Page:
- Learn basic mindfulness techniques. (Look for places such as the Insight Meditation Community of Washington, which offers many free sessions). Spend your weekly or regular spiritual time (church, mosque, synagogue) recognizing that you are aware and present, and you are a choosing a nourishing offline activity that feeds your body and brain.
- Set rules around technology in your home: All devices in a basket until dinner is over. No tech one hour before bed, only educational tech during the week, and entertainment tech on weekends. Most of us have tried this, but combined with the simplest, shortest of mindful activities (#1 and #2), you will be able to enforce the boundaries more clearly and will be more grounded and flexible when they need to be changed (which they will).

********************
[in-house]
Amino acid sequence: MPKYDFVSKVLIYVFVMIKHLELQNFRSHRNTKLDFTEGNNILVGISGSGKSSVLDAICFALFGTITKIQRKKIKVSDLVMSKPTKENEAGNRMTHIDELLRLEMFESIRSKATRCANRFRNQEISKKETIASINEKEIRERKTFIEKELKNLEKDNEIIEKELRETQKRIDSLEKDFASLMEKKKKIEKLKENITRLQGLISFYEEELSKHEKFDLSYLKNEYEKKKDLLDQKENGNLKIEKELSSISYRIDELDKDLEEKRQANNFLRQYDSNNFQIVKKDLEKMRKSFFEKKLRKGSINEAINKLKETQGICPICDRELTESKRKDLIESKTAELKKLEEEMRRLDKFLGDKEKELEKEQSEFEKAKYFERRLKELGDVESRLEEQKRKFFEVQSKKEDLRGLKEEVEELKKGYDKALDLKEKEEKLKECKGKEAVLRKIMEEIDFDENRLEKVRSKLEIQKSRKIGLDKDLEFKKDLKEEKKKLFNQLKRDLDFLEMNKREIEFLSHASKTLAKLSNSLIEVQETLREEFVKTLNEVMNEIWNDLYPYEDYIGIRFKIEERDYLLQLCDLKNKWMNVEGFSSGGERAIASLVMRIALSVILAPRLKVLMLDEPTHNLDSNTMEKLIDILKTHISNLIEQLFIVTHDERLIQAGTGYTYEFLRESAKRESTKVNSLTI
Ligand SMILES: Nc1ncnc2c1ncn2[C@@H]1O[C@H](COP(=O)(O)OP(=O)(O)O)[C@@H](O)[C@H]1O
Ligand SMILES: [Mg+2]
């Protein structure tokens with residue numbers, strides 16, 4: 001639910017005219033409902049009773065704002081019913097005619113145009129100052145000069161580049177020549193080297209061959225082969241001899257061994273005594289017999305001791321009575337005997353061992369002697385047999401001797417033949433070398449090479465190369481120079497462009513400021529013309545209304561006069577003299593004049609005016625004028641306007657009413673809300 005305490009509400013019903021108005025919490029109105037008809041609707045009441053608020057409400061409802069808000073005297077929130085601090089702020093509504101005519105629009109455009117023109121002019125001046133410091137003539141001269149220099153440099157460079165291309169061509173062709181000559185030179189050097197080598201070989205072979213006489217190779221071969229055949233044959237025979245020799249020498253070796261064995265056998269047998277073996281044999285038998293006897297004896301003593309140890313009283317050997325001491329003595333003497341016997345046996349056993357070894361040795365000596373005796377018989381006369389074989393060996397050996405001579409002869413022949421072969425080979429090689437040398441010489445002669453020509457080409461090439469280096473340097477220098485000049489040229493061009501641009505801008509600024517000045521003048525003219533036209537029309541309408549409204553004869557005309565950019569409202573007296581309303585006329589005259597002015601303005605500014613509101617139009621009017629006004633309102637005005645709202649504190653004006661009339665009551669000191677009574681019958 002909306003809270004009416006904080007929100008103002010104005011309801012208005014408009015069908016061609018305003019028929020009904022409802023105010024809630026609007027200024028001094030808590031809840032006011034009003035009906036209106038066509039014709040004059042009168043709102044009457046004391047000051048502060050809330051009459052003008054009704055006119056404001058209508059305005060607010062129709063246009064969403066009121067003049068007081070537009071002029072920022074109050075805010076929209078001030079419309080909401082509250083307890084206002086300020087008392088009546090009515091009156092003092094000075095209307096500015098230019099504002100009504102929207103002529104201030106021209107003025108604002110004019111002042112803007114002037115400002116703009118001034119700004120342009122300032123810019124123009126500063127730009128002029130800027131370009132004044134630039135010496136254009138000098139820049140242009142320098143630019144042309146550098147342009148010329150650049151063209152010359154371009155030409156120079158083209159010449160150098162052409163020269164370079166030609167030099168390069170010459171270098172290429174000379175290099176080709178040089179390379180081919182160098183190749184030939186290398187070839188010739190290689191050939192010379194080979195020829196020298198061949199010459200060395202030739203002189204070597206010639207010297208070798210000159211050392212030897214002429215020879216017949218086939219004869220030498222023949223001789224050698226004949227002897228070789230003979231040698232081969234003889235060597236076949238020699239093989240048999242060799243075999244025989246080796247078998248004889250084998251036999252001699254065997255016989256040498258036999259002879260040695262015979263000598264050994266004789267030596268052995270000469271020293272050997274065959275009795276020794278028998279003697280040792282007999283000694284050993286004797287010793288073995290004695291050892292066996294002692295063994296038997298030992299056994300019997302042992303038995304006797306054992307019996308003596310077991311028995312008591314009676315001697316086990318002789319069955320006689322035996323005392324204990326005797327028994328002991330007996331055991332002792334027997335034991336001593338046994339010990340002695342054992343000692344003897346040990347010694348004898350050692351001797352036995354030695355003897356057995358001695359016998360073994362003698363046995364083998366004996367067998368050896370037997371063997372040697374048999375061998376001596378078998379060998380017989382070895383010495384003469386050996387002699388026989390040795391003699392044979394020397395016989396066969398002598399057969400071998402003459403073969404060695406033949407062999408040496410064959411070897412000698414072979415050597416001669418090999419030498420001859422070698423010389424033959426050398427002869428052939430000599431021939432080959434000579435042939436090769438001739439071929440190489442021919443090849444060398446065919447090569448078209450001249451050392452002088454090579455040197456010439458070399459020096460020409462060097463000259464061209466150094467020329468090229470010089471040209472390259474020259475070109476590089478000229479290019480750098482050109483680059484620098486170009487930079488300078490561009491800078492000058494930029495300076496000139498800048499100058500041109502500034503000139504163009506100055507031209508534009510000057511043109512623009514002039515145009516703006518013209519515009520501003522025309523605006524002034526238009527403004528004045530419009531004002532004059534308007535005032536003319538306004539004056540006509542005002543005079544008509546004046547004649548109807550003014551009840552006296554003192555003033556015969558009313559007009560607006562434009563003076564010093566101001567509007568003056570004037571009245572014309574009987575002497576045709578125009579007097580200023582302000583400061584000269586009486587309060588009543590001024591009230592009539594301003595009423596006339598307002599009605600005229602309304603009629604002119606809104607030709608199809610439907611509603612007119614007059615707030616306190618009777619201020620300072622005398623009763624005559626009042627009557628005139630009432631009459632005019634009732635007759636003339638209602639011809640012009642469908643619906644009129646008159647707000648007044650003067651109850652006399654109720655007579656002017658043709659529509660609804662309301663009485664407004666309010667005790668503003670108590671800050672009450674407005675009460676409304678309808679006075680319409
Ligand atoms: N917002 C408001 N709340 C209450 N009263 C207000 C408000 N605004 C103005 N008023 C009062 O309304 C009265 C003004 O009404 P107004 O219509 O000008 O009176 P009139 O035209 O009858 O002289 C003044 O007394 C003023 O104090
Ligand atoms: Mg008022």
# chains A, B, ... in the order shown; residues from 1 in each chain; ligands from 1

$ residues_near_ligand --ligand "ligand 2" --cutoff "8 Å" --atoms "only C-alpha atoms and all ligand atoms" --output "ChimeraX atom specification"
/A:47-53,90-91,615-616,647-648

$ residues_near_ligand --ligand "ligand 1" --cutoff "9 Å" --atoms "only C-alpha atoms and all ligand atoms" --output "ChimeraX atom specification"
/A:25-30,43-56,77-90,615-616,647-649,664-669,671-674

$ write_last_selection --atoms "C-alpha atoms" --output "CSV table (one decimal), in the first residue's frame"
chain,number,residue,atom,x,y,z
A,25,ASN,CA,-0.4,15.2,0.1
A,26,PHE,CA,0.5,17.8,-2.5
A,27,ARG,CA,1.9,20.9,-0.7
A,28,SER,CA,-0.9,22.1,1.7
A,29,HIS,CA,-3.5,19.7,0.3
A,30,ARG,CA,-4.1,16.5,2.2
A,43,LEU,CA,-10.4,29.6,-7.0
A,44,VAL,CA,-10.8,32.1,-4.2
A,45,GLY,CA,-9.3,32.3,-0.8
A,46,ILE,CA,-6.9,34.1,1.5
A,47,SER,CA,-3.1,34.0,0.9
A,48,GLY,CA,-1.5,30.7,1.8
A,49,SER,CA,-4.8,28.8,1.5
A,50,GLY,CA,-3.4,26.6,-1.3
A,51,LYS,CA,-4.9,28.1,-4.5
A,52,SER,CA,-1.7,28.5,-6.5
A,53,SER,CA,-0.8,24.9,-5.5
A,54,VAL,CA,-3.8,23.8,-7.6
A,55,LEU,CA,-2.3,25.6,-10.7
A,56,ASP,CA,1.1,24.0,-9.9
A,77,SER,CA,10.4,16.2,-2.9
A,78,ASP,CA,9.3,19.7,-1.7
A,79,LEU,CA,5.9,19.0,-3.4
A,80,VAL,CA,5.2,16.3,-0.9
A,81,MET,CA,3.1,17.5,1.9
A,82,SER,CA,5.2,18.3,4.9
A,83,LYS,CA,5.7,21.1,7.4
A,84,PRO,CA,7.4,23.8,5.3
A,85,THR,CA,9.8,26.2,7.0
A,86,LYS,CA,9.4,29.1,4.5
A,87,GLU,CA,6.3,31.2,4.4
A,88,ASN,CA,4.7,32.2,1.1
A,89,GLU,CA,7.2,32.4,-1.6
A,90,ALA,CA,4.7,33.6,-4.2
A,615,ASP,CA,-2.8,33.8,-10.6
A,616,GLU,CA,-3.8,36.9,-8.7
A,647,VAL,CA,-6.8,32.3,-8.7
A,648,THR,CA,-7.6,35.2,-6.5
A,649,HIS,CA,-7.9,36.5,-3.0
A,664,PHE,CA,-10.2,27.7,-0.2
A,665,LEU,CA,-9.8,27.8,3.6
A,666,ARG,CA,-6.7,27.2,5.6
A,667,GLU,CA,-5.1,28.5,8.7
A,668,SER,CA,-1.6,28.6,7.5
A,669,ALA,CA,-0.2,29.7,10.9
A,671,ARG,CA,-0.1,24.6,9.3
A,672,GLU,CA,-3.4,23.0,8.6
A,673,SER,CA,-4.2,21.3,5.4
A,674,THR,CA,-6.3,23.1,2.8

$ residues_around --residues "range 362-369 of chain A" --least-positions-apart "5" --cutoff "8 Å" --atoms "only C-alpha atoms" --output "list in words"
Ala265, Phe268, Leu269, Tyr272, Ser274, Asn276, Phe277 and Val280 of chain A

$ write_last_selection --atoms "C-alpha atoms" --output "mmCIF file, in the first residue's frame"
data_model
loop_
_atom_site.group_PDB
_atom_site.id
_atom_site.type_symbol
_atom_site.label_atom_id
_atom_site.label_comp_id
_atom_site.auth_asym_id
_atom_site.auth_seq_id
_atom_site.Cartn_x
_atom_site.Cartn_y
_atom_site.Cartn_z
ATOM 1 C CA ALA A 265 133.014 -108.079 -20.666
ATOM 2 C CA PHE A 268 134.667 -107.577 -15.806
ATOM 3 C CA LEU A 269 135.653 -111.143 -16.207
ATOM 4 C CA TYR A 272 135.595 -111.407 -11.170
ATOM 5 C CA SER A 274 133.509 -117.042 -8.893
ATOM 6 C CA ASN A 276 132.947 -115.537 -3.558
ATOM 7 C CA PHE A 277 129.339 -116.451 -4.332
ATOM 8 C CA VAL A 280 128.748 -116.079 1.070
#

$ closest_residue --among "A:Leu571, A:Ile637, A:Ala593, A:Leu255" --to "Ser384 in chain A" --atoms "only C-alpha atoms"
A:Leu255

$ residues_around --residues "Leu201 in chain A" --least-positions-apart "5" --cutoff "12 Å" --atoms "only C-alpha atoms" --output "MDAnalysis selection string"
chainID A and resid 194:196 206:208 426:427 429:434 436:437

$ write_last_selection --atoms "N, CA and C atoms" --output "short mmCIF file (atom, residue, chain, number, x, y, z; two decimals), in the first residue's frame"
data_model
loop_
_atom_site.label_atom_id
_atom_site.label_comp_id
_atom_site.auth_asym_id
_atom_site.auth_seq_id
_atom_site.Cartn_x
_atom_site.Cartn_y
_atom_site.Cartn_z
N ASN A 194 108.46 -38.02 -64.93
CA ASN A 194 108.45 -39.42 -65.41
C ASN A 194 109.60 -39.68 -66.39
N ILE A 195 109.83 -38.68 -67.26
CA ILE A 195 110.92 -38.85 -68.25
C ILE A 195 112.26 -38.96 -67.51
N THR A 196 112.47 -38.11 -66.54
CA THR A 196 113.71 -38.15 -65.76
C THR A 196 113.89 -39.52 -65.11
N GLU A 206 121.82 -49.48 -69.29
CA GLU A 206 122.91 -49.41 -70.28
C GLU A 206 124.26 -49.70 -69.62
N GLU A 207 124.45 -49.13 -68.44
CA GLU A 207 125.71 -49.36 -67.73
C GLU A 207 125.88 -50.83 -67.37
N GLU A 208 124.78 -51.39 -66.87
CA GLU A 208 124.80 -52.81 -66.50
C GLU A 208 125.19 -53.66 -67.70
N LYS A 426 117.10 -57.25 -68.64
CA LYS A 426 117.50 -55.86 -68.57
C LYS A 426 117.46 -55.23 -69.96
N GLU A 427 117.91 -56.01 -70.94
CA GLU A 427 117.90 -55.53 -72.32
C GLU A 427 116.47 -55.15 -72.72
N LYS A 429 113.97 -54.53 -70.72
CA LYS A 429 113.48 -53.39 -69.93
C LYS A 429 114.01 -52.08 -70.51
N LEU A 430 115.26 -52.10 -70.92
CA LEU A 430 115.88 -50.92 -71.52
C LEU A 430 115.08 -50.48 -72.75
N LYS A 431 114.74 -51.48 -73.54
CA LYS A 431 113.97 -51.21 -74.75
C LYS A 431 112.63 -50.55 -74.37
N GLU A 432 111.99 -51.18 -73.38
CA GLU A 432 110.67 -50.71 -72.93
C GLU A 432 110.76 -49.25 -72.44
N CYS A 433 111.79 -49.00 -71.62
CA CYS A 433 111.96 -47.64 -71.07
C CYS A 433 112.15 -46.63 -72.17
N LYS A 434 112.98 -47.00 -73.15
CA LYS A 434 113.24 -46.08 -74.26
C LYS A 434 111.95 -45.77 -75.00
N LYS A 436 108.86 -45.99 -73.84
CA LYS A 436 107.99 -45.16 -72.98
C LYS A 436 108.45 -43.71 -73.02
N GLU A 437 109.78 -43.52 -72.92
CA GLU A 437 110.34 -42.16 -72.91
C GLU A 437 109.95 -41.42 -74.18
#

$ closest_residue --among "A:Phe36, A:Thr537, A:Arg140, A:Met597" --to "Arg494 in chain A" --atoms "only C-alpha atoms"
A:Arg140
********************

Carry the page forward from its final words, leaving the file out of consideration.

- Be accountable to yourself and to everyone in your home with the boundaries you’ve set for yourself. Own your part of it and model the behavior you want to see.
- Talk with friends and build a community of like-minded parents working on this issue. Teach and discuss your thoughts and discoveries to your children, over dinner, after homework or over the weekend. Learn mindful unplugging alongside your children, and show them you’re as committed, and as present, as you’re asking them to be.
Kim Weeks has been in the health and wellness industry for 16 years, beginning yoga and meditation in the 1990s to manage a stressful Wall Street career. She eventually left Wall Street to open a yoga studio. Find her on kimweekswellness.com.